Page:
vendredi, août 05, 2011

On spectating less and acting more

Sometimes I feel as though I spend a lot of time observing -- apart from the crowd.

Sitting on the sidelines of the Colosseum, pen (or iPad) in hand, I watch, and wait, and chronicle.

And oh yes, I think. I do a lot of analyzing, picking up the big questions (and sometimes the smaller ones) that confront us, and taking them apart.

Today I gave some thought to jobs, stocks, marriage and pornography -- when I really should be organizing my list of editors who may have freelance work - and then contacting them. That actually should wait until next week, when I am back in the company of my p.c. at our home.

And I mowed the lawn, almost always an escapist activity for someone who prefer dreaming to daring (sometimes). And put off the book review I could write now, as opposed to later (isn't later usually better?)

I also avoided making a phone call to reschedule a date that I should have made, and waited for one that I am hoping will come.

Not presuming, mind you.

Forgive me. I'm still climbing out of a ditch, and I'm a little scraped and bruised in places.

But not for long, or not for much longer, anyway. I might miss a few phone calls, but I'm not avoiding them anymore.

Here's half a smile for September, the active tense...

and hope.

jeudi, août 04, 2011

A-Rod on the verge

When I saw the story about the Yankees ace hitter and third baseman Alex Rodriguez online last night, I happened to be watching the Yankees clobber the White Sox.

I was impressed, particularly by the performance of the very talented Mark Teixeira (who, like Rodriguez, also began with the Rangers).

Who apparently can achieve wonderful things without, as far as we know (sad to have to asterisk everyone) using performance-enhancing drugs.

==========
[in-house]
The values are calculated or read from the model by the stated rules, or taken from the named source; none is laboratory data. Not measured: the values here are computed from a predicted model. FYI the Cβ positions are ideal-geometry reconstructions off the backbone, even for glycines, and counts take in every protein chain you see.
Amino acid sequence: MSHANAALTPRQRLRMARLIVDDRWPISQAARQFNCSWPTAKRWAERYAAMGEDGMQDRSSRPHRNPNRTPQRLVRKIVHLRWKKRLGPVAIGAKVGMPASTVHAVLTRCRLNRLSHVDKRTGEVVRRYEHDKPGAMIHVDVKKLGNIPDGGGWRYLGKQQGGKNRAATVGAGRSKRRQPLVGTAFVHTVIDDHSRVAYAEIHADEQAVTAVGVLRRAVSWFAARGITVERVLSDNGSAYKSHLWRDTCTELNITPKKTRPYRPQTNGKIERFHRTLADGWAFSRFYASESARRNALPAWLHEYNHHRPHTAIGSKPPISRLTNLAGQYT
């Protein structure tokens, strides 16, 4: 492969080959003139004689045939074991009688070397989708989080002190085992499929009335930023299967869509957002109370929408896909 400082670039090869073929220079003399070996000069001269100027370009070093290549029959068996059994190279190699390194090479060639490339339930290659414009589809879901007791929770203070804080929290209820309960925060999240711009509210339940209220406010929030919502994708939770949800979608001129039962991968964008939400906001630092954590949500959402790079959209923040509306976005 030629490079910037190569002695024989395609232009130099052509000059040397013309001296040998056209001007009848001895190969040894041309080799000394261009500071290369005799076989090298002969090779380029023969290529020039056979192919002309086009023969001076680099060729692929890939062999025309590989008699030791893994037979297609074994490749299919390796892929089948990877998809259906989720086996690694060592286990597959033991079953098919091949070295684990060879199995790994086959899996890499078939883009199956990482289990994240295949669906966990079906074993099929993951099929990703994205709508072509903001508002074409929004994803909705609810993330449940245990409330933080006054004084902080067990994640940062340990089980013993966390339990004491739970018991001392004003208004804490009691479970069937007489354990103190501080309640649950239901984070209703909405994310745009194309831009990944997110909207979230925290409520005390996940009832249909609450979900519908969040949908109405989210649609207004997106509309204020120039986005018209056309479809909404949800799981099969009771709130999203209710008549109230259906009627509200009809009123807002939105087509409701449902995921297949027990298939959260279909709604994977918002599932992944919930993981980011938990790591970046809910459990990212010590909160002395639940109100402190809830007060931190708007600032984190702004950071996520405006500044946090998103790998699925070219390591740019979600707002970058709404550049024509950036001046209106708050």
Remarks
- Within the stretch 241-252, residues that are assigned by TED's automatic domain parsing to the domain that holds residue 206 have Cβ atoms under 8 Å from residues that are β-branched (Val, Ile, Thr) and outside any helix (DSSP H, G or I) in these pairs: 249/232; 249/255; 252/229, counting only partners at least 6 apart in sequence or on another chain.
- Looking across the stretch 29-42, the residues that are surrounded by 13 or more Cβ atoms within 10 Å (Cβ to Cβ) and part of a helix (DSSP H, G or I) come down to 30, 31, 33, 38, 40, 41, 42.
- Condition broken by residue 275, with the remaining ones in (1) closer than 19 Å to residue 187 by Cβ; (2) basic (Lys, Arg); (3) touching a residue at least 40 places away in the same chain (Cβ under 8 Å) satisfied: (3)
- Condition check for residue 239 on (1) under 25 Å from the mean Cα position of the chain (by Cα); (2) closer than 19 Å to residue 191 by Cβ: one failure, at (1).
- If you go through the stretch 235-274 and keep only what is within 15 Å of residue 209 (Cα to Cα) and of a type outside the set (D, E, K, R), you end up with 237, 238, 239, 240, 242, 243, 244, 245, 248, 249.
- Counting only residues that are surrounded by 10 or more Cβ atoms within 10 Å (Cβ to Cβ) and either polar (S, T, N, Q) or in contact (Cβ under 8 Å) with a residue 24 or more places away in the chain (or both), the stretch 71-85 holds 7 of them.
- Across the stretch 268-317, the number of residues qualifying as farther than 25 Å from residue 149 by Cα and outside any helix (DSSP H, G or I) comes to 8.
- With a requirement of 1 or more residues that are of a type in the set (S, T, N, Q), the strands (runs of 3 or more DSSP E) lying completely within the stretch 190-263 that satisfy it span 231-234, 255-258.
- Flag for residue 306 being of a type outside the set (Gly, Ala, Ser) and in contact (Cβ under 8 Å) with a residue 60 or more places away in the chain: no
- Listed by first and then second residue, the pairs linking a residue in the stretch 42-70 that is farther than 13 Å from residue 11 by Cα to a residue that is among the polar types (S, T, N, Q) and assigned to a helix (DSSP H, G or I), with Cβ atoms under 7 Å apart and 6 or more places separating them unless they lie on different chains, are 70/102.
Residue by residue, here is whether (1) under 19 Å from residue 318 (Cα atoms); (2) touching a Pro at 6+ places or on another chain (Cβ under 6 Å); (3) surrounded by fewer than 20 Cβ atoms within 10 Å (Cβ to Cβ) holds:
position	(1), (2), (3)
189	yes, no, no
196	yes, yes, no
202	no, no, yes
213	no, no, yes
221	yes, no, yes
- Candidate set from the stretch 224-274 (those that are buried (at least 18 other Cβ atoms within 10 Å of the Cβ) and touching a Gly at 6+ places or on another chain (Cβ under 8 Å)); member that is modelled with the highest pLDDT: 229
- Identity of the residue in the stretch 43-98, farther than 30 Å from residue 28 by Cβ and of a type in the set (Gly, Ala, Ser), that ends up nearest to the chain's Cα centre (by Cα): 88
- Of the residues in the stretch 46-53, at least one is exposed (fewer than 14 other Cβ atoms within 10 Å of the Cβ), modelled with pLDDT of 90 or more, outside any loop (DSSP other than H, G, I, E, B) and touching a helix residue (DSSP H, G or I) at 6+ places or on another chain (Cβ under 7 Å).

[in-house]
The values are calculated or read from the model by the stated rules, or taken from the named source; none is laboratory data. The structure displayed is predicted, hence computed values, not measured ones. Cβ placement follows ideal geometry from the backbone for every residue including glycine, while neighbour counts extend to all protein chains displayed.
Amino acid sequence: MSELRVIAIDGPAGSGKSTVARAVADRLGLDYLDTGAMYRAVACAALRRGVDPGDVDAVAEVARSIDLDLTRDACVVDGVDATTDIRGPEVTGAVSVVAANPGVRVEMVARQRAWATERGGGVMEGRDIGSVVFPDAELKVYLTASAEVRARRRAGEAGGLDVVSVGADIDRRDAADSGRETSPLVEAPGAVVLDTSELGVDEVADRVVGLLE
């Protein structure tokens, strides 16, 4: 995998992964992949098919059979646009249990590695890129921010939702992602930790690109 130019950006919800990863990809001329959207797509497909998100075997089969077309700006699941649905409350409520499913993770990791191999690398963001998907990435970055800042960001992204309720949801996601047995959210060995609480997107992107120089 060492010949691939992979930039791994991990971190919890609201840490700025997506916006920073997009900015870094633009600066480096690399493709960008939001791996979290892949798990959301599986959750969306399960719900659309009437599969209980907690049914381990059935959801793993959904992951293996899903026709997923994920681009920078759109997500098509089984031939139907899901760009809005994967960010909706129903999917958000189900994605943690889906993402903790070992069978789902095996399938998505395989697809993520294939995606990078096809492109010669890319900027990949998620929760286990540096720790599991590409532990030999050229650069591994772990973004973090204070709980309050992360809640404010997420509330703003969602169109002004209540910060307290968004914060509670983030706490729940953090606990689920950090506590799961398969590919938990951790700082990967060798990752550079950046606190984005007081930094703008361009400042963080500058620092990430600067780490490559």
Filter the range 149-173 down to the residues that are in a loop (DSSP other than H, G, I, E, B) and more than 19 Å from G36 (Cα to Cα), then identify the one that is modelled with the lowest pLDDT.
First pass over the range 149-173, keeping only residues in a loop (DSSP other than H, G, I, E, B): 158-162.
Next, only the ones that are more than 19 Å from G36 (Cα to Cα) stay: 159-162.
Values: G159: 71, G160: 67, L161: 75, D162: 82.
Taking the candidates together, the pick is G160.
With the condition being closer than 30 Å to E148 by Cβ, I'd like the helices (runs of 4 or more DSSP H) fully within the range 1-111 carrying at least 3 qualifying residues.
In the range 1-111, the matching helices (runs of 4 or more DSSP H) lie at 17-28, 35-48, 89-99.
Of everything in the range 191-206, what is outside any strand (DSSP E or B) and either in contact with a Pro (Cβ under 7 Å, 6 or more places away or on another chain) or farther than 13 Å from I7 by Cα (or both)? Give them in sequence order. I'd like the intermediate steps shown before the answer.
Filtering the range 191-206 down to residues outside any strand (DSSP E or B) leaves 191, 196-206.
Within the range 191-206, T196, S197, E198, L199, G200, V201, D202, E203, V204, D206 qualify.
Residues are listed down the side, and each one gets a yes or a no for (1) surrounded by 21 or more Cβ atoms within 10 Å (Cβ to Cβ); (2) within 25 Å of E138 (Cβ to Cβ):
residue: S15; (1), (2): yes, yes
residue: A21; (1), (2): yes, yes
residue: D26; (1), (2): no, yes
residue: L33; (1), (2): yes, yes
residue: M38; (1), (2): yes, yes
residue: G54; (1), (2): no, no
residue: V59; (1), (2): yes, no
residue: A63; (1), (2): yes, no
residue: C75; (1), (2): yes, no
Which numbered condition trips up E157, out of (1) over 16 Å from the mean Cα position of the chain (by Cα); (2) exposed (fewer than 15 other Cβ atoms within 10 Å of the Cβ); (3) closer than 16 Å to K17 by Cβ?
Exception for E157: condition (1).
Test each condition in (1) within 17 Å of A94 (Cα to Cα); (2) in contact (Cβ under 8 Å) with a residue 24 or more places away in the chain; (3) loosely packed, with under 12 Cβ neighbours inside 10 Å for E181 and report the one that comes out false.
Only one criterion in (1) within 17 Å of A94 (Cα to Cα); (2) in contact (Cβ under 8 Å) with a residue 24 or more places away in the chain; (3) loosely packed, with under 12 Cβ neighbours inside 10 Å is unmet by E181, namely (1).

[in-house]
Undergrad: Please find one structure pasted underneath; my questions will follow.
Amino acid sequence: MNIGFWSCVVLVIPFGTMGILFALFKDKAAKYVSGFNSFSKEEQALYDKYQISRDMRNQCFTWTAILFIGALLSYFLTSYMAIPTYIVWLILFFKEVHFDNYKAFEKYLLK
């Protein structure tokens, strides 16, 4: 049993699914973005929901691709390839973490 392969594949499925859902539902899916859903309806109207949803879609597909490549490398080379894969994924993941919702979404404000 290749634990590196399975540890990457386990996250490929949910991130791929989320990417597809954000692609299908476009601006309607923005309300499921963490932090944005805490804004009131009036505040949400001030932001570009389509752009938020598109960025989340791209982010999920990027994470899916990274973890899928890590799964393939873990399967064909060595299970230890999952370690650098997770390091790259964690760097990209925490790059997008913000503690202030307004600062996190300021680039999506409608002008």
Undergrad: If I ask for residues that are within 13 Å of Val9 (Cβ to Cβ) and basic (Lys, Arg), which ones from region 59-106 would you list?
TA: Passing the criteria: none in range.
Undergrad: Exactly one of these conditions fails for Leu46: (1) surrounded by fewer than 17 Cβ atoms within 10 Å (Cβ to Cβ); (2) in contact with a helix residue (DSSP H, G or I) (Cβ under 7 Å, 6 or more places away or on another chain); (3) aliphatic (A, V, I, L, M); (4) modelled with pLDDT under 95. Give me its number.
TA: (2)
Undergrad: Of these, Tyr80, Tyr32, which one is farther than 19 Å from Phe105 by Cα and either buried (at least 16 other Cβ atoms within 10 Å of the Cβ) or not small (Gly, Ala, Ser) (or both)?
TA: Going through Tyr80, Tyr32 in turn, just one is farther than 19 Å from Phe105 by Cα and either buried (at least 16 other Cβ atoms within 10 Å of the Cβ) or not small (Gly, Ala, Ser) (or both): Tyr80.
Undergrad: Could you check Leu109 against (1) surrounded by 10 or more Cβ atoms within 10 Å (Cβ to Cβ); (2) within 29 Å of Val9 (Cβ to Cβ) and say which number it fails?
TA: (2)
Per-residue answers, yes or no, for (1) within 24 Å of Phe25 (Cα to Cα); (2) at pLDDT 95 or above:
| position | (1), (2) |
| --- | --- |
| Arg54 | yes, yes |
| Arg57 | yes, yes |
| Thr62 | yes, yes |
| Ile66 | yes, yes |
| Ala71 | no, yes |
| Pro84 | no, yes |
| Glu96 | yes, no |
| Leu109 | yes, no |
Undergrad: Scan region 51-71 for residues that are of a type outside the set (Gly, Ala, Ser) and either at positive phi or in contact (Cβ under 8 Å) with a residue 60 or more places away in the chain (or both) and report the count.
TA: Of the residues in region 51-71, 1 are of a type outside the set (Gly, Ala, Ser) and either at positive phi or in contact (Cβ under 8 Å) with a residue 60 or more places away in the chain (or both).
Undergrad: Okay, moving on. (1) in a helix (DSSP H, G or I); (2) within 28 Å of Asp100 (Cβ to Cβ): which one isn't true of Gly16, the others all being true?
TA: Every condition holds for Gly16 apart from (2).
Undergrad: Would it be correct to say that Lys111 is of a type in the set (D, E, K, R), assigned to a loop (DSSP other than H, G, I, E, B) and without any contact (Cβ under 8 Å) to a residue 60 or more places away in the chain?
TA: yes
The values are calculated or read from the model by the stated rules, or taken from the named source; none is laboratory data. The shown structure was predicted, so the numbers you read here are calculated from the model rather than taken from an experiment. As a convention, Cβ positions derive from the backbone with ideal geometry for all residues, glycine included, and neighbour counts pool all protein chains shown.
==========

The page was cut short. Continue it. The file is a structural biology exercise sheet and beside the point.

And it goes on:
Nor does there appear to be gossip about Teixeira showing up at illegal poker games with Hollywood sleaze...oh, sorry, stars.

A-Rod, who has already admitted using steroids with the Rangers, is still in potential trouble for using banned substances.

If the doping allegations are found to be true (and they are still under investigation), it is sad on many levels.

Yes, he does seem to choke under pressure -- but that's a human failing. He's still a great player.

But is he a great man? No way. Like Bill Belichick of the Patriots (behind football's Spygate), he is under a cloud. A cloud that will continue to linger. A cloud that mars the image of his team.

If the allegations are true, a lot of us will be asking: how could he be so venal? How could he be so arrogant? And, most of all: how could he be so dumb?

Say yes! Say yes! but no is o.k., too

When you are considering dating someone, a lot of things come into play.

One of them, clearly, is whether you share some common values.

Obviously, common values include everything from whether there is a God to whether the Phillies can win the World Series, whether you love living in the city to whether beer is a food group.

And the answer that, of course, is: it depends on the beer -- and whether you've just seen the value of your stock portfolio plummet.

(By the way, I just listened to a financial program on CNN and heard that brewing is one of the worst long-term investments one can make. They said nothing about drinking).

But do you want someone who is going to agree with you, most of the time? Are you seeking a partner who will bolster your point of view, and help you hang out in your comfort zone?

Are you seeking the merge lane or the challenge of parallel parking?

A lot of folks are looking for life in the comfort zone -- and there's nothing wrong with that. That's what the little checklists on dating sites are for.

I find myself meandering somewhere in the middle -- looking for a guy who will sometimes agree, sometimes question my ideas and beliefs -- even my most cherished ones.